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From Robert Greig <robert.j.gr...@gmail.com>
Subject Re: Flow control behavior of fanout exchange
Date Thu, 29 Oct 2009 22:38:09 GMT
It's quite an obvious point but I'll ask it anyway - are there
differences in the network topology between the nodes exhibiting the
different behaviour? e.g. switches, NICs?

Which OS are you using?

I'm not entirely clear about the topology you are describing - is the
publisher on a separate machine from the consumers?


2009/10/29 Andy Li <andr.develop@gmail.com>:
> Hi,
> We ran into strange differences of flow control behavior of fanout exchange.
> We use configuration with one publisher and 10 subscribers.
> 1)On some machines, publisher throughput will be higher than subscriber
> throughput, and eventually the queue will overflow and throw an exception.
> This is, as I understand, the expected behavior - publisher has entire 1
> Gbit bandwidth to itself, whereas subscribers share it, so they have lower
> theoretical limit. We've coded a simple flow control scheme to manage this.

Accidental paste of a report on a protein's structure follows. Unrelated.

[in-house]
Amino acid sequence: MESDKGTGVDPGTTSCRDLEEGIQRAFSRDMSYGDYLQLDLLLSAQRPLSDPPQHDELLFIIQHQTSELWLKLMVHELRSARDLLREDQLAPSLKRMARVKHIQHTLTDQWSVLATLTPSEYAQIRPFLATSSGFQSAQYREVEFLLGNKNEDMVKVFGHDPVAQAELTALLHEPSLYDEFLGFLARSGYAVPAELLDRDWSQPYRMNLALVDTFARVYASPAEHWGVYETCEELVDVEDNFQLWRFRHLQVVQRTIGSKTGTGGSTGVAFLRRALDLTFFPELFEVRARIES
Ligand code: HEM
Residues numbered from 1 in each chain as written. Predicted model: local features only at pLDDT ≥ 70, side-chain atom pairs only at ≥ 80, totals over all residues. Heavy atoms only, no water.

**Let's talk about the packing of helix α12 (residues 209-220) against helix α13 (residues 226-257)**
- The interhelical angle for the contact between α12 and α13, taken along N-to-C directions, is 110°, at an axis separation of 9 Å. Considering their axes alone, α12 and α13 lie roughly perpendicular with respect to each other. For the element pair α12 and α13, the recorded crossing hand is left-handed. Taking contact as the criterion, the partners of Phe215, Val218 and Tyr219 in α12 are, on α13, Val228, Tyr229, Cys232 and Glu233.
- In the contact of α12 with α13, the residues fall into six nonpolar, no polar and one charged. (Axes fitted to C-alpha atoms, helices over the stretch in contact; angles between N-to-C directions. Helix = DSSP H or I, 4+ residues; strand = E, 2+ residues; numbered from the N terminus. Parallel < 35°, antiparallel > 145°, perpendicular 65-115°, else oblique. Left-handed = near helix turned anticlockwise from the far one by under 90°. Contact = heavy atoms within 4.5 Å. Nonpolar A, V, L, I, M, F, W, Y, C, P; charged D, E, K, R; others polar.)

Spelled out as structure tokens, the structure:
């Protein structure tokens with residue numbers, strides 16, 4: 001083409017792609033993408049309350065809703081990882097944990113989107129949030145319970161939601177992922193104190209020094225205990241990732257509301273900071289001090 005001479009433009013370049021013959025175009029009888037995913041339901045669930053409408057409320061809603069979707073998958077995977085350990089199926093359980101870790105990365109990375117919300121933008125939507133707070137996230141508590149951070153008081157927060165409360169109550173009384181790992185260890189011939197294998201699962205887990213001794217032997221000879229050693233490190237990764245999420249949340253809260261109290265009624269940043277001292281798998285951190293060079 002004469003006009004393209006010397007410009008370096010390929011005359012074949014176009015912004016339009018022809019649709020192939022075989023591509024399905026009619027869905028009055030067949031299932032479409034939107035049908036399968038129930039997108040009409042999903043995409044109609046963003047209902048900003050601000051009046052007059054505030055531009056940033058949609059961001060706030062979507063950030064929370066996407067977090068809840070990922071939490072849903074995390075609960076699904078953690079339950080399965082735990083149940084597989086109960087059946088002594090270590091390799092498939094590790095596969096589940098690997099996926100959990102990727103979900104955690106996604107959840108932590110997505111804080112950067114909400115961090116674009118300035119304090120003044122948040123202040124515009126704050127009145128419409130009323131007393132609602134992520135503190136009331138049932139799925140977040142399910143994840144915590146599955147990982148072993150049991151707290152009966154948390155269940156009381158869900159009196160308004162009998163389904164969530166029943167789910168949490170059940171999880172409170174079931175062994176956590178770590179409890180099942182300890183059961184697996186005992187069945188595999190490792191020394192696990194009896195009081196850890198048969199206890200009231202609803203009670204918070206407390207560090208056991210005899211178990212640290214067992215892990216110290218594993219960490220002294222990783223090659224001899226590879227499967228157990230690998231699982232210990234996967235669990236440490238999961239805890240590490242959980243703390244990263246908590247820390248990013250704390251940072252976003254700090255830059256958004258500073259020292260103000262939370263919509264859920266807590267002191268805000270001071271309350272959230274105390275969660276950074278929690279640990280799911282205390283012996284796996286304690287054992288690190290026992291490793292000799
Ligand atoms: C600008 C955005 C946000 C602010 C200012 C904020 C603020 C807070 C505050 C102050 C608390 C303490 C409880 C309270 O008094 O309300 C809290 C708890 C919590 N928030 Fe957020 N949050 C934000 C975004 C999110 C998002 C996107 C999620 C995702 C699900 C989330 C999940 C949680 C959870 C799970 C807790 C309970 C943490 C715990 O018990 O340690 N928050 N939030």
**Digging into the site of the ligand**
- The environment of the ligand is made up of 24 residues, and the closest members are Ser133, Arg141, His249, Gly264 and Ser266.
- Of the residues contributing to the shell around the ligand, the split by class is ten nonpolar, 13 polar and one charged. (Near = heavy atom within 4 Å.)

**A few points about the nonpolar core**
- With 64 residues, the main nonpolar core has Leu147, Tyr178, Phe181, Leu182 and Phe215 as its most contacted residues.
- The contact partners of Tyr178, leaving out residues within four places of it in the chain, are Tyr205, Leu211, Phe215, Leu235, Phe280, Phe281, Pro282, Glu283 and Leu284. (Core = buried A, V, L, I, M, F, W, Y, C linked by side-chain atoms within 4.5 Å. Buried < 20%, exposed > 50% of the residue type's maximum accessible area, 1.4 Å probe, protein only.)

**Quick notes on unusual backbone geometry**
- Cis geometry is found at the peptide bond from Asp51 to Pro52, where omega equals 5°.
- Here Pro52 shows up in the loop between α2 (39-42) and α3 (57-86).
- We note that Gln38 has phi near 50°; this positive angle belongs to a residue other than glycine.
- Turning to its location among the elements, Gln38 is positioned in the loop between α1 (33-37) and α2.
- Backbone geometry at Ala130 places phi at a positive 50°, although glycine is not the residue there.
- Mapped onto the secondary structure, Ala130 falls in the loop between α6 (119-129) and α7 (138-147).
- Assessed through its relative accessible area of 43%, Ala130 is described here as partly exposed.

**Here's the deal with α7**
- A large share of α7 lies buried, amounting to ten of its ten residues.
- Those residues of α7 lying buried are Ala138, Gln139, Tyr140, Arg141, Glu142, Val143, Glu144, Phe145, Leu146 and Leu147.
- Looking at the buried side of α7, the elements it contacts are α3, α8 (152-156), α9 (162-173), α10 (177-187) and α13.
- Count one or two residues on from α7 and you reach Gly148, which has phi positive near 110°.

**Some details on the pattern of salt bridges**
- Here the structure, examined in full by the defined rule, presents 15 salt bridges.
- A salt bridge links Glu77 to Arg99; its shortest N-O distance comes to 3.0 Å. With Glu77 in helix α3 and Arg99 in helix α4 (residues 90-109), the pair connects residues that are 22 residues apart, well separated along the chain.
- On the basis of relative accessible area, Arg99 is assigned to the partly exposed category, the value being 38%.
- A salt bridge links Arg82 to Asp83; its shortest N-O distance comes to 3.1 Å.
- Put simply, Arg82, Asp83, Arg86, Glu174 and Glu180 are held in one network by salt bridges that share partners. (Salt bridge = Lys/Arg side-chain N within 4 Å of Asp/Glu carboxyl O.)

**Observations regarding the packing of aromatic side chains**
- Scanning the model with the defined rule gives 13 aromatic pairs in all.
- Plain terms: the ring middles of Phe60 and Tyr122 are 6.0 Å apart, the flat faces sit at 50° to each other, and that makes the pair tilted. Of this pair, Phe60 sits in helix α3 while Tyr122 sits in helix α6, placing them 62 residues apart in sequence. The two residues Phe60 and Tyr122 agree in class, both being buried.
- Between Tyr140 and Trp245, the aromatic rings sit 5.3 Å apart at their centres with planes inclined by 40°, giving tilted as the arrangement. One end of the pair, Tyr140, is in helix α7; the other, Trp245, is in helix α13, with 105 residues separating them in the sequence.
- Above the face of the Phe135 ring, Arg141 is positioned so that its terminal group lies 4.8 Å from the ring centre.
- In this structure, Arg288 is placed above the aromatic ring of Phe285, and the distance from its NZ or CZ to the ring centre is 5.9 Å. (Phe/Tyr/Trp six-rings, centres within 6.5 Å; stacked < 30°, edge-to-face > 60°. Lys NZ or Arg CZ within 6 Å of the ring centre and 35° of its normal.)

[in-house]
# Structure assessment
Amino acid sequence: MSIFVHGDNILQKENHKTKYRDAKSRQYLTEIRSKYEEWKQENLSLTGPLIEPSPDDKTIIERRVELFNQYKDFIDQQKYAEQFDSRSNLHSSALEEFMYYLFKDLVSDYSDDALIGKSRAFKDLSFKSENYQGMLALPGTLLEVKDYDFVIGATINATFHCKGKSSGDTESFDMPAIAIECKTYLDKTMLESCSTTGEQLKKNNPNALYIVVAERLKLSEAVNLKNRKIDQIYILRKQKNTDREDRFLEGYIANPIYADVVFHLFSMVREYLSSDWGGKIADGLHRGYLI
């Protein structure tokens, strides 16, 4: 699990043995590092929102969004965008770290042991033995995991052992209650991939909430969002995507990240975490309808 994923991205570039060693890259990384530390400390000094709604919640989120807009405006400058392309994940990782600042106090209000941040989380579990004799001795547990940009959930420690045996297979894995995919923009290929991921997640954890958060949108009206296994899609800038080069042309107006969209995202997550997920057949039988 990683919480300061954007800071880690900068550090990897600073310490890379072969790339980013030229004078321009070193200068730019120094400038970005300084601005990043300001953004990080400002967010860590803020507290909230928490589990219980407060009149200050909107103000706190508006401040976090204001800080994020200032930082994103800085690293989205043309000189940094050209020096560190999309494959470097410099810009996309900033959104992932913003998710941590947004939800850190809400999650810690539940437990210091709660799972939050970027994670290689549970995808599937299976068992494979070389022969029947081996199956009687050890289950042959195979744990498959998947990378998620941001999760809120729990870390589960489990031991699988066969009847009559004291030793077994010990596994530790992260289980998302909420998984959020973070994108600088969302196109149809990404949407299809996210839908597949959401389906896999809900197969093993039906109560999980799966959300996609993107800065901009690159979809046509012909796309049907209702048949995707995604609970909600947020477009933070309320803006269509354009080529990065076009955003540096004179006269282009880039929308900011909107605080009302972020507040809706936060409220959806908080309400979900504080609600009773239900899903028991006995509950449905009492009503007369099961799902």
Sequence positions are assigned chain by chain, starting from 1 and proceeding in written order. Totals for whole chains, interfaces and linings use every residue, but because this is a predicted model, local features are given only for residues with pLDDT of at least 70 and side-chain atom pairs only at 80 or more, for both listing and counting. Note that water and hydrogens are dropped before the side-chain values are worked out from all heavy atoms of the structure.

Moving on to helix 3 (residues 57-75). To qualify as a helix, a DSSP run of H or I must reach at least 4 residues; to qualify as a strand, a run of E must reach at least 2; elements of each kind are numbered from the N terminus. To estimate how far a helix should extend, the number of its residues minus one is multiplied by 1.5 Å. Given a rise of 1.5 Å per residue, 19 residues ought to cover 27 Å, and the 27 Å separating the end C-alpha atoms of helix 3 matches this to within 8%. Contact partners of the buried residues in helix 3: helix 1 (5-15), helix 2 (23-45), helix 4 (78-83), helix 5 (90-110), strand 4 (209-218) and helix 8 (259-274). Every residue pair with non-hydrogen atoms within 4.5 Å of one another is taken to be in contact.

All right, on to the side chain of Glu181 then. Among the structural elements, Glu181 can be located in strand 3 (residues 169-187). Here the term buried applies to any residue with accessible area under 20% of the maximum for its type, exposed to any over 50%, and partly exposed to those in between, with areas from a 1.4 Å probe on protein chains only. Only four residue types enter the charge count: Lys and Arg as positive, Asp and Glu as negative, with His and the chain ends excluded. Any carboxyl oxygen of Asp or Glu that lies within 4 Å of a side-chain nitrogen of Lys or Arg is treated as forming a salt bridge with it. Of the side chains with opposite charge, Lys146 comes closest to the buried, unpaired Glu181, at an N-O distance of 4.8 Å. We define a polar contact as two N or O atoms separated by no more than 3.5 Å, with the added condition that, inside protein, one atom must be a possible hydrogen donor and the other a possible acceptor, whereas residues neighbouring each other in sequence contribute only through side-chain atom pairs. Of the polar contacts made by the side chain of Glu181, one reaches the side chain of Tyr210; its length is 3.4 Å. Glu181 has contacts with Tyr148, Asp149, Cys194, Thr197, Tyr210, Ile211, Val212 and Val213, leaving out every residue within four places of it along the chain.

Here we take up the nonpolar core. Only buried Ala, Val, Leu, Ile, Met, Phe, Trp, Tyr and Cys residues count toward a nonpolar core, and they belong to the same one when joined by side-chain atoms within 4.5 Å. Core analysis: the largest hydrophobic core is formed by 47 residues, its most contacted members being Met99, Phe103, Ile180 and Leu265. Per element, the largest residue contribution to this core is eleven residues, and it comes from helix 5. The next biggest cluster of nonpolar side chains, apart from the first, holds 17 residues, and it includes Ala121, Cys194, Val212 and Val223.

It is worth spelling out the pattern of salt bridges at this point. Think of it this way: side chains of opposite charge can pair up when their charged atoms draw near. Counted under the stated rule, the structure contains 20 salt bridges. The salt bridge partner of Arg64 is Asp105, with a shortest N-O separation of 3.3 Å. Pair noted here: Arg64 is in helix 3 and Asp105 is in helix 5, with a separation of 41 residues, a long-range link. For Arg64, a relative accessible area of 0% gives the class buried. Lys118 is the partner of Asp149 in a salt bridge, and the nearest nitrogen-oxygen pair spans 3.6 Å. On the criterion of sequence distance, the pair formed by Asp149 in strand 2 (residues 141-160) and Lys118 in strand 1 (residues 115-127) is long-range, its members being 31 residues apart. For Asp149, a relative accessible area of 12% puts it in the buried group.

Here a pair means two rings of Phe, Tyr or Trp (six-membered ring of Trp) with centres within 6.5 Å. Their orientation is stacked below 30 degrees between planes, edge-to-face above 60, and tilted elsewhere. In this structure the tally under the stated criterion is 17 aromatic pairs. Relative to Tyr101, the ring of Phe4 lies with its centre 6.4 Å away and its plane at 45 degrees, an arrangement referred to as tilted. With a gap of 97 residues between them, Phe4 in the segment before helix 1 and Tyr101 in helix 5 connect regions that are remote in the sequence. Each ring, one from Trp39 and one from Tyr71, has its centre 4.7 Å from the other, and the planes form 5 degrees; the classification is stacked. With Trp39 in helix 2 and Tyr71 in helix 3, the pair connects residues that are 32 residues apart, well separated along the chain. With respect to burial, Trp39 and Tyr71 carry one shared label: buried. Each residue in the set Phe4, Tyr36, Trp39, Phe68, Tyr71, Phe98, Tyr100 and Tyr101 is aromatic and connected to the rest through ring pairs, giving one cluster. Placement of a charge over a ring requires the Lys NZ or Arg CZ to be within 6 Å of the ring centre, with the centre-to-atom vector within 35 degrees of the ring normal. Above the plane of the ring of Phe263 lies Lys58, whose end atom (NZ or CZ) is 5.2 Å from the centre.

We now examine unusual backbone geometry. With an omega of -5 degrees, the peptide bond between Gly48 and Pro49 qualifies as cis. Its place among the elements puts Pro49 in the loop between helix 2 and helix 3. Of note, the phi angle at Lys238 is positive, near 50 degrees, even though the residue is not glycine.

> 2)However, on other machines we installed the broker, publisher and each
> subscriber throughput seem to move in sync. There is little buffering in the
> queue, and the overflow never happens. While the lack of overflow is
> convenient, bandwidth utilization is 2-4 times lower compared to broker
> machines exibiting behavior (1). In (1), combined output bandwidth utilized
> by subscribers is 80-90% of 1Gbit available. In (2), it's 20-40%, depending
> on the machine and latency to client.
> All broker machines use the same OS version and broker 0.5 binaries with
> default broker config. We can't figure out what is causing this difference
> in behavior. We did seem to induce behavior (2) on machines (1) by running
> unrelated workload concurrently that strongly competed for bandwidth.
> Has anyone else run into the same issue? Or has any idea about what might
> cause this? Any help or suggestions would be greatly appreciated.
> Thanks,
> Andy
> Client Details:
> The publisher and subscriber clients are the same in both cases and run on a
> separate machine. We're using asynchronous send and sync() every 1000
> messages. Listeners use ACCEPT_MODE_NONE and FlowControl::unlimited().
> Message size is random, linearly distributed between 500-1500 bytes.

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